Taking out a loan or leasing to increase production capacity can help grow your embroidery, screen-printing or heat-pressing business, but do your homework first.FULL STORY
Build Your Business: Management
Ask the Experts: Jed SeifertDone correctly, hiring the handicapped is the ultimate win-win
In this excerpt from the Impressions “Ask the Experts” online video series, Impressions Content Director, Adam Cort, talks with Jed Seifert, co-founder of Ohio-based decorator Stakes Manufacturing about how hiring the disabled doesn’t just provide an opportunity for the person being hired—it’s also good business
Adam Cort: To start out, what I find most striking about hiring people with disabilities as you describe it is that when done correctly it really is a kind of ultimate win-win. As an employer, you’re not only helping someone with disabilities lead a productive, fulfilling life, you’re also, in many cases, affording yourself the opportunity to hire some of the best workers you could ever hope for.
Jed Seifert: Absolutely. When you’re hiring people with disabilities, it has to be meaningful employment. It has to be mutually beneficial. If you’re doing it for charity, if you’re doing it to get the warm and fuzzies, it’s going to be short-lived. You have to have accountability. You have to have a performance metrics…at the same time, at Stakes what we’ve seen is that the benefits that the company received and the benefits the non-disabled employees received were just as substantial as the individuals with disabilities. It has taught our managers and our employees empathy and teamwork. It brought people together in a manner that we had never seen, both within individual departments and cross-departmental. It helped our managers become better managers, because they were forced into tailoring their management and training style to the individuals with disabilities…[which] the reality is they should be doing that with all employees. Our goal and job as leaders, owners, managers, supervisors is to really cultivate people’s strengths and mitigate their weaknesses, to put them in a position to be successful. It’s no different with people with disabilities. And while we often talk about people’s disabilities, a lot of folks with disabilities have superpowers in other ways. Somebody with autism, for example, might have certain social challenges. But the flip side of that is they’re more detail oriented than your average person without disabilities.
AC: Could you give me a few examples of some of the people with disabilities now working at Stakes Manufacturing and the roles they are filling?
JS: We have a spectrum of people with disabilities who work for us. We’ve got folks with autism, Asperger’s, cerebral palsy, some that aren’t even diagnosed right, but are definitely on the spectrum. We started out in our warehouse for a few reasons. To me it was sort of the most natural fit… It was also because our manager in the warehouse is one of our most empathetic managers, and we wanted to make sure we had buy-in out the gate, because it can be intimidating for folks who have never had somebody with disabilities in their lives. Since then we’ve expanded beyond that. Our top shipper, for example, out of about 30 shippers is a gentleman with autism. He applied to work with us because he saw in one of our ads on Indeed.com that we hire people with all abilities. He’s got speed, accuracy and, by the way, he’s got perfect attendance on the year and he’s excited to come to work….We [also] expanded into our heat-transfer application department. There was some hesitation at first. We’re using 300-degree palettes. Are they going to close them on their hands? But the reality is, once we did the safety audit to make sure it was going to be a good position and how we trained and all that, we realized that all the things that we did to make sure that we were going to be safe for the disabled we should have been doing with all employees from the beginning. We’ve also got folks that are helping with our cleaning. We’ve got folks that are water spiders moving stuff around he facility. We have folks who are running three-quarters-of-a-million-dollar DTG (direct-to-garment) equipment. At this point, roughly, 10 percent of our staff has developmental disabilities.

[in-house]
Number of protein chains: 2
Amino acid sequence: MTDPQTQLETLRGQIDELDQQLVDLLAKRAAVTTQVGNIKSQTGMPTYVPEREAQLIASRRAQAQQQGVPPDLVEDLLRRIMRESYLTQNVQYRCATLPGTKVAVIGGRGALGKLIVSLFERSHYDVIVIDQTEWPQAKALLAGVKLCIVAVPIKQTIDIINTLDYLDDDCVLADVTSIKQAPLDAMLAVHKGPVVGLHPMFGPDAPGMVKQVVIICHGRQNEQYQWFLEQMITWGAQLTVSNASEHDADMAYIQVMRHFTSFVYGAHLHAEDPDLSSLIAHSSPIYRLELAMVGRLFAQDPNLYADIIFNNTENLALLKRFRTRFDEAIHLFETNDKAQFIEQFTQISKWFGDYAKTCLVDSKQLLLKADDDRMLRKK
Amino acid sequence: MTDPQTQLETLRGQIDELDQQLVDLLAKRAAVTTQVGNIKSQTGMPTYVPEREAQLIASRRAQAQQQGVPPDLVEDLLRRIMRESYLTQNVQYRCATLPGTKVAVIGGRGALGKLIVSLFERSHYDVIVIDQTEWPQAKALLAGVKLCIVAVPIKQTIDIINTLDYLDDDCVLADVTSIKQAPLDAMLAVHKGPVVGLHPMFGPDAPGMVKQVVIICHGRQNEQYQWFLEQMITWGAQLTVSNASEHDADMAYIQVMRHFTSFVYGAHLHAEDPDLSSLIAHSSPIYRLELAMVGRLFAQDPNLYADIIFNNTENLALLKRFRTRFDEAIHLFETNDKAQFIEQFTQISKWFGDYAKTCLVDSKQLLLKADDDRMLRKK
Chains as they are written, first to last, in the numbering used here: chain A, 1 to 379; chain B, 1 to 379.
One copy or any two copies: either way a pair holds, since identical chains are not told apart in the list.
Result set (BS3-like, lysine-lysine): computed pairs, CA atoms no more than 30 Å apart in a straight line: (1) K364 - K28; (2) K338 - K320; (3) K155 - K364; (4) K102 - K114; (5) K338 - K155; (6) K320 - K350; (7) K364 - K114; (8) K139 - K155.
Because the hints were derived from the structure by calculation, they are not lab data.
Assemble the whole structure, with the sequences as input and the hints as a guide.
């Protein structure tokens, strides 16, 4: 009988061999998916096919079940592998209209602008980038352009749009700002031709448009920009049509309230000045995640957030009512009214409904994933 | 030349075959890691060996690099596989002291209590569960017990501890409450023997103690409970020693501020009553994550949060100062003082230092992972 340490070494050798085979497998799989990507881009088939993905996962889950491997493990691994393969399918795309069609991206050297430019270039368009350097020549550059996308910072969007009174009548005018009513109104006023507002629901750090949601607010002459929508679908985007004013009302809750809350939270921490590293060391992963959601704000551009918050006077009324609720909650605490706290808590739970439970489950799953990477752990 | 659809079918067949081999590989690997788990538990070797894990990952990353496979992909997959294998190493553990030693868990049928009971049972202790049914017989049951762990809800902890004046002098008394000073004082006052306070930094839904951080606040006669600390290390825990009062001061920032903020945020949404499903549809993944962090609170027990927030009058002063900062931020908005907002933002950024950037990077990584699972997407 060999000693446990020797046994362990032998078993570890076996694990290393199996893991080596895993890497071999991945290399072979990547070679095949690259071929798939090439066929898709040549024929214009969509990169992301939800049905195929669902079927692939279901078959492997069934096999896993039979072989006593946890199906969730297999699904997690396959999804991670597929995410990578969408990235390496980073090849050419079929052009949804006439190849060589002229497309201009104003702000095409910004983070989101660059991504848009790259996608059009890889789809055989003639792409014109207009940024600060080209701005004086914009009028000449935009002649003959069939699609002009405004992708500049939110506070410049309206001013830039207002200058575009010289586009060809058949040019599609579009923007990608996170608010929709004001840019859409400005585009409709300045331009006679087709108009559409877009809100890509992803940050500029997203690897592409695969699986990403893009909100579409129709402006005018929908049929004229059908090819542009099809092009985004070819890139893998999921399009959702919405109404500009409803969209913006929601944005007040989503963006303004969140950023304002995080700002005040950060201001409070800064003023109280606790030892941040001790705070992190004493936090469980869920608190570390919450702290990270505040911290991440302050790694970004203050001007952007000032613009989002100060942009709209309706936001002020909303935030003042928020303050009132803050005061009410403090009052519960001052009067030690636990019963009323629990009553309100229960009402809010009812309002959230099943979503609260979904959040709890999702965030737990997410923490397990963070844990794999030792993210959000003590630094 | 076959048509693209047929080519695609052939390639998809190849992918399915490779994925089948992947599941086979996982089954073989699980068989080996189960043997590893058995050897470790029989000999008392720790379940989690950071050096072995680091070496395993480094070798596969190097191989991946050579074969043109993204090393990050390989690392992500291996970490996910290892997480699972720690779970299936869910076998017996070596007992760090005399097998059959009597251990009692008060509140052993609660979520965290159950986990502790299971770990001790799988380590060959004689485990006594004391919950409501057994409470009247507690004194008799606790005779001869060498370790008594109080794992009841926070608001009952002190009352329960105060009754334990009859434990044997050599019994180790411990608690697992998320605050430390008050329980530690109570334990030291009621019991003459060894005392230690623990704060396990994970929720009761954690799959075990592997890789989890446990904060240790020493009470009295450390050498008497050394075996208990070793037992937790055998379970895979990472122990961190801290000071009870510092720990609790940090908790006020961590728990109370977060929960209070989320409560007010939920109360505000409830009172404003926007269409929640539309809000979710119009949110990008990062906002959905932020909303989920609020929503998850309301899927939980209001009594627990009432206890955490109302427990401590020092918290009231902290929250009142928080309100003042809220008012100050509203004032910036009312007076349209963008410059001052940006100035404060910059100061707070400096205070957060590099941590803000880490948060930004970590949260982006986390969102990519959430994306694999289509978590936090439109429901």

AC: I wonder if you could talk a little bit about the organizations out there expressly designed to not only help with the hiring process but ensure disabled employees are successful in the workplace? You’ve mentioned in the past that if you had to pay for a consultant to do this same kind of work, you’d be paying a lot of money for it. And yet these support networks are free.
JS: The reality is it’s not that people don’t want to hire with people with disabilities. It’s that they either think they don’t have the resources to do it, they don’t have the know-how to do it, or it’s going to impact their bottom line. What disability employment service providers do is look at all your open positions to see what
might make a good fit after which they’ll help with hiring and onboarding. You might think it’s just a gentleman who’s going to work in the warehouse or just somebody who’s going to do a physical task or something custodial. But the reality is people with disabilities learn from repetition. Ninety-five percent of what we do as printers and fulfillers is repetitive. That can be monotonous to people who don’t have disabilities, but it’s actually where people with disabilities flourish, where they feel at home. [This includes] high-skilled repetition. I’ll give you an example. I linked up a screen-printer with a local disability employment service. The service went in and they did the audit. This screen printer thought the person they hired was going to be cleaning screens, doing custodial work. Well, turns out the best fit position for the candidates they had was doing all their order entry. They’re getting all these PDFs and purchase orders, and then they’re going and plugging them into their system. Certain disabilities like autism, make people actually more detail oriented than most. So it makes that a perfect position…Getting back to [disability employment service providers], they’ll come in, they’ll do an audit, and they will look at all of your open positions. Then what they’ll do is find, screen, help hire, on-board and train these employees for you, all of which is at no cost to the employer. You’re talking about basically having a free hiring agency, a free training agency. They’ll also train your managers on how to best work with that employee and provide ongoing support and job coaching. These folks will really work with you. If you get into a situation with an employee and you don’t know how to handle it, your managers don’t need to know how to handle it. You just pick up the phone and call the job coach—or the job coach might even be on site with some folks who need a higher level of support.